Carnival 2018 is here! Brazil’s world-famous festival of samba music and competitive revelry is set to reach its culmination on February 13, which is Fat Tuesday and the last day before the beginning of the traditional fasting season of Lent. Carnival parties are held in various cities and countries throughout the world, particularly in Catholic nations, but none are capable of surpassing Rio de Janeiro’s sensational street festivities, wild parades, and glamorous masquerade balls. Anticipation for this raucous event begins building months in advance, when the Carnival theme is announced and local samba schools begin practicing their carefully choreographed routines.
The Carnival of today, an exceptional display of Brazilian spirit and culture, contains influences from past ceremonies and rituals conducted by the African, European and indigenous natives of Brazil. During the weeks of Lent, Christians traditionally abstained from the consumption of meat and poultry, hence the term "carnival," from carnelevare, "to remove (literally, "raise") meat." Carnival celebrations are also believed to have roots in the pagan festival of Saturnalia, which, adapted to Christianity, became a farewell to bad things as well as a purification of the body in preparation for the death of Christ.
- The exact dates of Carnival in Rio change every year, but it is always 46 days before Easter.
- The official (and most outlandish) parade is hosted at Sambodromo, or the Sambadrome, where 12 different teams of samba schools (Escolas de Samba) compete to see who can present the most spectacular show.
- The merrymaking marathon begins at 10 or 11pm in the evening, lasting until the sun rises the next morning.
- Modern Brazilian Carnival was first held in 1641, when the city's bourgeoisie began importing aspects of Parisian Carnival to Rio.
Later elements derived from Native American and African cultures were absorbed into the festivities. As time past, the “Carne Vale” became an excuse for ordinary people to dance, wear masks, and parade in the streets. The intermingling of Indian costumes, African beats, and European Catholicism ultimately produced one of the world’s greatest and most outrageous parties.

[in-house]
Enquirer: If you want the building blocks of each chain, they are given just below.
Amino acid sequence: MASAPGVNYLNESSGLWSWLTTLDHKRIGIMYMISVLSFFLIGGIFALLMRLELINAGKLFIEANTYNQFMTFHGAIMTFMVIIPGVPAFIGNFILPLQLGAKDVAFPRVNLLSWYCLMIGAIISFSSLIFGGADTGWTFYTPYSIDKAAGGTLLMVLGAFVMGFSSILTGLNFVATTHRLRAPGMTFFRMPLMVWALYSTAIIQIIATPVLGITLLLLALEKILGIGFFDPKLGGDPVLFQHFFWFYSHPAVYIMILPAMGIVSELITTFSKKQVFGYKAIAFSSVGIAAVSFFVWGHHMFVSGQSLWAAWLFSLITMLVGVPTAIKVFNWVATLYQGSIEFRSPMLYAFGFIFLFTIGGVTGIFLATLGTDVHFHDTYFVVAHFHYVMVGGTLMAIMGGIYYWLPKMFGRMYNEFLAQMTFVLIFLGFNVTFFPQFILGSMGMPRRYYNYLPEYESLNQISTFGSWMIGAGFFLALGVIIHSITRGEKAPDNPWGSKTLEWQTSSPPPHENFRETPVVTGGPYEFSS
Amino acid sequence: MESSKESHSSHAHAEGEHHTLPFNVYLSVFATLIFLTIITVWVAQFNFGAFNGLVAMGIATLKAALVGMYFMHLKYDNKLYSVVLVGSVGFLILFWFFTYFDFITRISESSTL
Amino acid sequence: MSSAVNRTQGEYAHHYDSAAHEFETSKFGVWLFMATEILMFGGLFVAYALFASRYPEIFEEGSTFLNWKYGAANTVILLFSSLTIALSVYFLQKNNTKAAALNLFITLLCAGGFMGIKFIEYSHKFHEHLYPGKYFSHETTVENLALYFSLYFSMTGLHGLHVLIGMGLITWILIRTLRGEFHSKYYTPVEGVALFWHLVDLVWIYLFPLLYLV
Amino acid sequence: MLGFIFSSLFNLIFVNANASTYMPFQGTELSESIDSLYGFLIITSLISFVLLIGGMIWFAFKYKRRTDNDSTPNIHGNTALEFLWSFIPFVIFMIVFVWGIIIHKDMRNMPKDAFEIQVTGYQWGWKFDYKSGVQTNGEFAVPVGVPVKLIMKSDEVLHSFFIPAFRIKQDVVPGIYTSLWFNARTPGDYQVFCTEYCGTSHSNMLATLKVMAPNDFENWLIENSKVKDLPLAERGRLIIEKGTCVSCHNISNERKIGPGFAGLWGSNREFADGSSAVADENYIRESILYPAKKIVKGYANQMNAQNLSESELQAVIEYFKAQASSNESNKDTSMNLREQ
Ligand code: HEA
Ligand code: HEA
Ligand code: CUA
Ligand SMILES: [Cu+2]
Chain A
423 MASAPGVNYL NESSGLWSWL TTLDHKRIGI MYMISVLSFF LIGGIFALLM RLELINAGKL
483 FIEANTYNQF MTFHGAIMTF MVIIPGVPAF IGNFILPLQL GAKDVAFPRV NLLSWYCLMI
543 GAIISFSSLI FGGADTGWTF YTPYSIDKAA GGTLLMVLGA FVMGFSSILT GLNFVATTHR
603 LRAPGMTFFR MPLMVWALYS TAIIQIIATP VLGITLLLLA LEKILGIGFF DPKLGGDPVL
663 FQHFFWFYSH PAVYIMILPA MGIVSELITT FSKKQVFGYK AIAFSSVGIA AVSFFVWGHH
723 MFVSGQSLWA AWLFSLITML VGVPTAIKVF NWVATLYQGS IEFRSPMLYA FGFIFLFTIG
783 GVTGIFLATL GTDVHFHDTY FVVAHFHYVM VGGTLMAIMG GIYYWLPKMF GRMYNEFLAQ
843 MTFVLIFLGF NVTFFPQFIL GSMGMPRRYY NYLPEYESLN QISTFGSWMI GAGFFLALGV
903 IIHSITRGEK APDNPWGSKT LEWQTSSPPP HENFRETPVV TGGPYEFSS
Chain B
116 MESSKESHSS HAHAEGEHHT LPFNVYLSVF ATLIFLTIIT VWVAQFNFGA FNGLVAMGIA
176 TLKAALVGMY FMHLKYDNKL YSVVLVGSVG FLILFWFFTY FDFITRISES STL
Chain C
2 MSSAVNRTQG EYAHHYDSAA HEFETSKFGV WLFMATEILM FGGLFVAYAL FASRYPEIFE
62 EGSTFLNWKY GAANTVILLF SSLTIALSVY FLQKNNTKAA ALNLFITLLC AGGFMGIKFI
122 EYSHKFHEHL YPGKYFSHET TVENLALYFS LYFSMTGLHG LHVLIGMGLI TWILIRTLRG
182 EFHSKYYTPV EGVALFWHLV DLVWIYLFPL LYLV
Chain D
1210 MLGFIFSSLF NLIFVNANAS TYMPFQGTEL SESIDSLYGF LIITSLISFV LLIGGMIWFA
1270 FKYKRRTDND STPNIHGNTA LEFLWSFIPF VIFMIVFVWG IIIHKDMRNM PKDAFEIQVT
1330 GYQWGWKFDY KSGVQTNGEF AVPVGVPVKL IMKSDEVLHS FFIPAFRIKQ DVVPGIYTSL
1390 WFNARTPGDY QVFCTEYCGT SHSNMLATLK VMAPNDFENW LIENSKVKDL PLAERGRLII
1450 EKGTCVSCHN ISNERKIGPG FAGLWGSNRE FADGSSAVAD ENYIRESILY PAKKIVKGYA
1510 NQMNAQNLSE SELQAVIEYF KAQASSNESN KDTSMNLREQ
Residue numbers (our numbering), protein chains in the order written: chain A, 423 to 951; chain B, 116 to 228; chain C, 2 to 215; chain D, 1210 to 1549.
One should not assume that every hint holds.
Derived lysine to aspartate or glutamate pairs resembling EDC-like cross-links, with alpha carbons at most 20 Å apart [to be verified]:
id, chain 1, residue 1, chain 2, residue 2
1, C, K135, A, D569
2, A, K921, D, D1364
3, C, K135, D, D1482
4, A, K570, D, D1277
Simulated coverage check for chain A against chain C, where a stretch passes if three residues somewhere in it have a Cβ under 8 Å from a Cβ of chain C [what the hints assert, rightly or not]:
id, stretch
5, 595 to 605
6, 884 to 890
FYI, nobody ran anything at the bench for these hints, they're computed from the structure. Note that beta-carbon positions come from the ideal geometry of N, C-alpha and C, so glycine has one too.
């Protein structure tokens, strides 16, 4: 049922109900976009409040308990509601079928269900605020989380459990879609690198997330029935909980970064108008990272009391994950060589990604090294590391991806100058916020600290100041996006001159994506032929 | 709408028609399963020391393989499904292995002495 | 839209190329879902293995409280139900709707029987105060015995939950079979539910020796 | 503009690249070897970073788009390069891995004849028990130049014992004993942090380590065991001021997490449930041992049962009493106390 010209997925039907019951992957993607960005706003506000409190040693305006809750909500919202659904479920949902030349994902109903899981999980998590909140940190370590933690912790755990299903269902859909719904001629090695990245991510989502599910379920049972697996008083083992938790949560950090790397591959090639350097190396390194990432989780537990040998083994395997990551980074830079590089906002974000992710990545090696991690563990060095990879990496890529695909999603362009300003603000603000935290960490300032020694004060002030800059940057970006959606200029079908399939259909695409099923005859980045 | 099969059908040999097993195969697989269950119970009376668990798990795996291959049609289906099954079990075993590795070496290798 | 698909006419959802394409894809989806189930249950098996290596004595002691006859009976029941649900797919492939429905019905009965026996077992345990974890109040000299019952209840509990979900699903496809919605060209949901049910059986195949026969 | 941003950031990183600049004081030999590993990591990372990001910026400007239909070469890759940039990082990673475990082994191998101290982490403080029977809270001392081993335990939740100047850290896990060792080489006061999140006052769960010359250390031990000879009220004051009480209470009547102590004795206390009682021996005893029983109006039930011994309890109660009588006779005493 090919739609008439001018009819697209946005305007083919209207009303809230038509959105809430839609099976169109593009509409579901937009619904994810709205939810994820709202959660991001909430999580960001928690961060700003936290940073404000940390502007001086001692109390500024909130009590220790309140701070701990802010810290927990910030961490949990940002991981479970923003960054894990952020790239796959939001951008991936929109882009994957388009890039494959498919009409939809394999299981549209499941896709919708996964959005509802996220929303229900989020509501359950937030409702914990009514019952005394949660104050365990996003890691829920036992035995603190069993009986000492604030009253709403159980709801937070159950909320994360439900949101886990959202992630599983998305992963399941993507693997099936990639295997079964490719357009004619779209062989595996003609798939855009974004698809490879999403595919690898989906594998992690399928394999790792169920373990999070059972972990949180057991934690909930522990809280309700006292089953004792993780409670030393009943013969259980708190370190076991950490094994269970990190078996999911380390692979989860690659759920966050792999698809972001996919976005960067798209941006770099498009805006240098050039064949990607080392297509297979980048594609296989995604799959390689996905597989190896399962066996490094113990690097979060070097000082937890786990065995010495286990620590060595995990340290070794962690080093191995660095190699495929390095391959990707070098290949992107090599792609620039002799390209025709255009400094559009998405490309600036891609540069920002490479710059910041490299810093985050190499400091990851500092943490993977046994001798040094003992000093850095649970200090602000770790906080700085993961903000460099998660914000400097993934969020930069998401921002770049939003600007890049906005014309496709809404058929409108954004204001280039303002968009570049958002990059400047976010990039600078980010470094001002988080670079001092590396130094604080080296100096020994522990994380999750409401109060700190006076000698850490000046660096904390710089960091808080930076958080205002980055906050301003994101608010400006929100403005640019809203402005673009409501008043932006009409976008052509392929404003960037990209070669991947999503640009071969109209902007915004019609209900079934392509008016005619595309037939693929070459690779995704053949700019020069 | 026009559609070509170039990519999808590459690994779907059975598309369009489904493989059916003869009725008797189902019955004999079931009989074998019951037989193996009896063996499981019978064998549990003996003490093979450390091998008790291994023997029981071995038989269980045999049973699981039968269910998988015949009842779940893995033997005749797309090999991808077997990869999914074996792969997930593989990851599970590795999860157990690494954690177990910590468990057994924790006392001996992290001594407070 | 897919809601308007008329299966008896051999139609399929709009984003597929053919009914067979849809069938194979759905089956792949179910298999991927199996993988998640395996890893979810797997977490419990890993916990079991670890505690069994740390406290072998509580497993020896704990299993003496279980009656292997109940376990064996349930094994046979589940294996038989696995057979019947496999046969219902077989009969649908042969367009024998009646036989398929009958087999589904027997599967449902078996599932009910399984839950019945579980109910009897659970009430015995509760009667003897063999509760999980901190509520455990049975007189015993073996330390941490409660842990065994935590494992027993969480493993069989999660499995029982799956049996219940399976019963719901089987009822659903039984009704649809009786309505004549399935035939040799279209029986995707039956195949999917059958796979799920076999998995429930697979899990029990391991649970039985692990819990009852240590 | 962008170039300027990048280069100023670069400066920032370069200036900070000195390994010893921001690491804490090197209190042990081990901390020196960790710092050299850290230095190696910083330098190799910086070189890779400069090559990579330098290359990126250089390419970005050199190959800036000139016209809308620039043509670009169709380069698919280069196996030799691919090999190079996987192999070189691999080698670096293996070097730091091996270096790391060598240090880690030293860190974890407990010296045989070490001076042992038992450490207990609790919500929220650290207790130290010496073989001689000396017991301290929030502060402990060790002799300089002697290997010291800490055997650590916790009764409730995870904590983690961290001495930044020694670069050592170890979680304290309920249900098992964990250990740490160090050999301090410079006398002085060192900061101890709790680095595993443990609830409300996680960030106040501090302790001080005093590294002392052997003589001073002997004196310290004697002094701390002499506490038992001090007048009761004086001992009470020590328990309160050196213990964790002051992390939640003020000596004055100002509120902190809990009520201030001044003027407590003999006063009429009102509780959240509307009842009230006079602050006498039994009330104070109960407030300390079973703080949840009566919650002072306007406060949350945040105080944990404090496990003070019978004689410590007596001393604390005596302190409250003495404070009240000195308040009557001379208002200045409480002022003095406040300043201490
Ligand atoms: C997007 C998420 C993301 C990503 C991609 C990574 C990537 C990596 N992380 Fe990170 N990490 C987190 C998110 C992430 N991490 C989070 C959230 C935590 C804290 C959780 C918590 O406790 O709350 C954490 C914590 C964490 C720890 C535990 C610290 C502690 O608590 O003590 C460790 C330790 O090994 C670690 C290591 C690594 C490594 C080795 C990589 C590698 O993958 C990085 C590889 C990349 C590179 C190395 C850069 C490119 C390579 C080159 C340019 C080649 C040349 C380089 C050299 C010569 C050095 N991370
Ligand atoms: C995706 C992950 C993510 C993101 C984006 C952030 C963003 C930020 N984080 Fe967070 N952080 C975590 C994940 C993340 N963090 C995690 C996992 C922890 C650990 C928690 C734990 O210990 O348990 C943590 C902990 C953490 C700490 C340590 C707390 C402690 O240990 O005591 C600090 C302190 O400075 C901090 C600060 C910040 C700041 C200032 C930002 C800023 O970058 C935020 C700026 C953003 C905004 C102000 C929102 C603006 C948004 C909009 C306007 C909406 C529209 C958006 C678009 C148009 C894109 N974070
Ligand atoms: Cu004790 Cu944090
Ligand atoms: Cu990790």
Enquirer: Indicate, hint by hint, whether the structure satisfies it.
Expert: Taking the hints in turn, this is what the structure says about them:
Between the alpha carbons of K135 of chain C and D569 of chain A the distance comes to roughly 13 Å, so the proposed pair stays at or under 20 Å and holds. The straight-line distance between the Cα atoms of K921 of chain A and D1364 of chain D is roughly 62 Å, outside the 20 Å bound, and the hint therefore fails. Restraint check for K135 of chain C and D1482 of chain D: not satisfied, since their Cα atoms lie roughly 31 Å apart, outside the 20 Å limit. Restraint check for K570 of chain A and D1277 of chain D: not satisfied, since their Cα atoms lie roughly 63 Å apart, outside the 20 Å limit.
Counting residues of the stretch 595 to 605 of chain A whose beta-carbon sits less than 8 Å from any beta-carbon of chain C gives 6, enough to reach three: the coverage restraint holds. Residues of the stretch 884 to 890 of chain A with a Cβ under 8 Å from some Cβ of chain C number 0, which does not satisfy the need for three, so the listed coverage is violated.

While not everyone can join in these enormous samba school dances, Rio has hundreds of “samba blocks” where smaller schools congregate, their contagious rhythms and glitzy attire inviting anyone to participate in the fun.
One key feature of the annual event is its notorious outdoor parties, where colorful performers, magnificent floats and talented musicians lead tourists and locals on an unforgettable joyride through the streets of Rio. Carnival street bands, called blocos de carnaval, or simply “blocos”, organize free parades in various areas of the city. Blocos parade in nearly every neighborhood, but the most famous ones parade in Copacabana, Ipanema, Leblon, Lagoa, Jardim Botânico, and throughout downtown Rio.
Each school is led by a samba queen and escorted by hundreds drummers who beat a pulse connecting the dancers with the thousands of onlookers in the stands. These block parades start as early as January, and may last until the Sunday after Carnival. Not coincidentally, this time of year it is more expensive to travel within Brazil and the city of Rio de Janiero.
If you have an interest in exploring the natural beauty and unique cultural traditions of South America and living abroad in Brazil consider becoming TEFL certified and working as an English teacher in Brazil. Obtaining your TEFL certification through the International TEFL Academy will prepare you for a life-changing adventure anywhere overseas.
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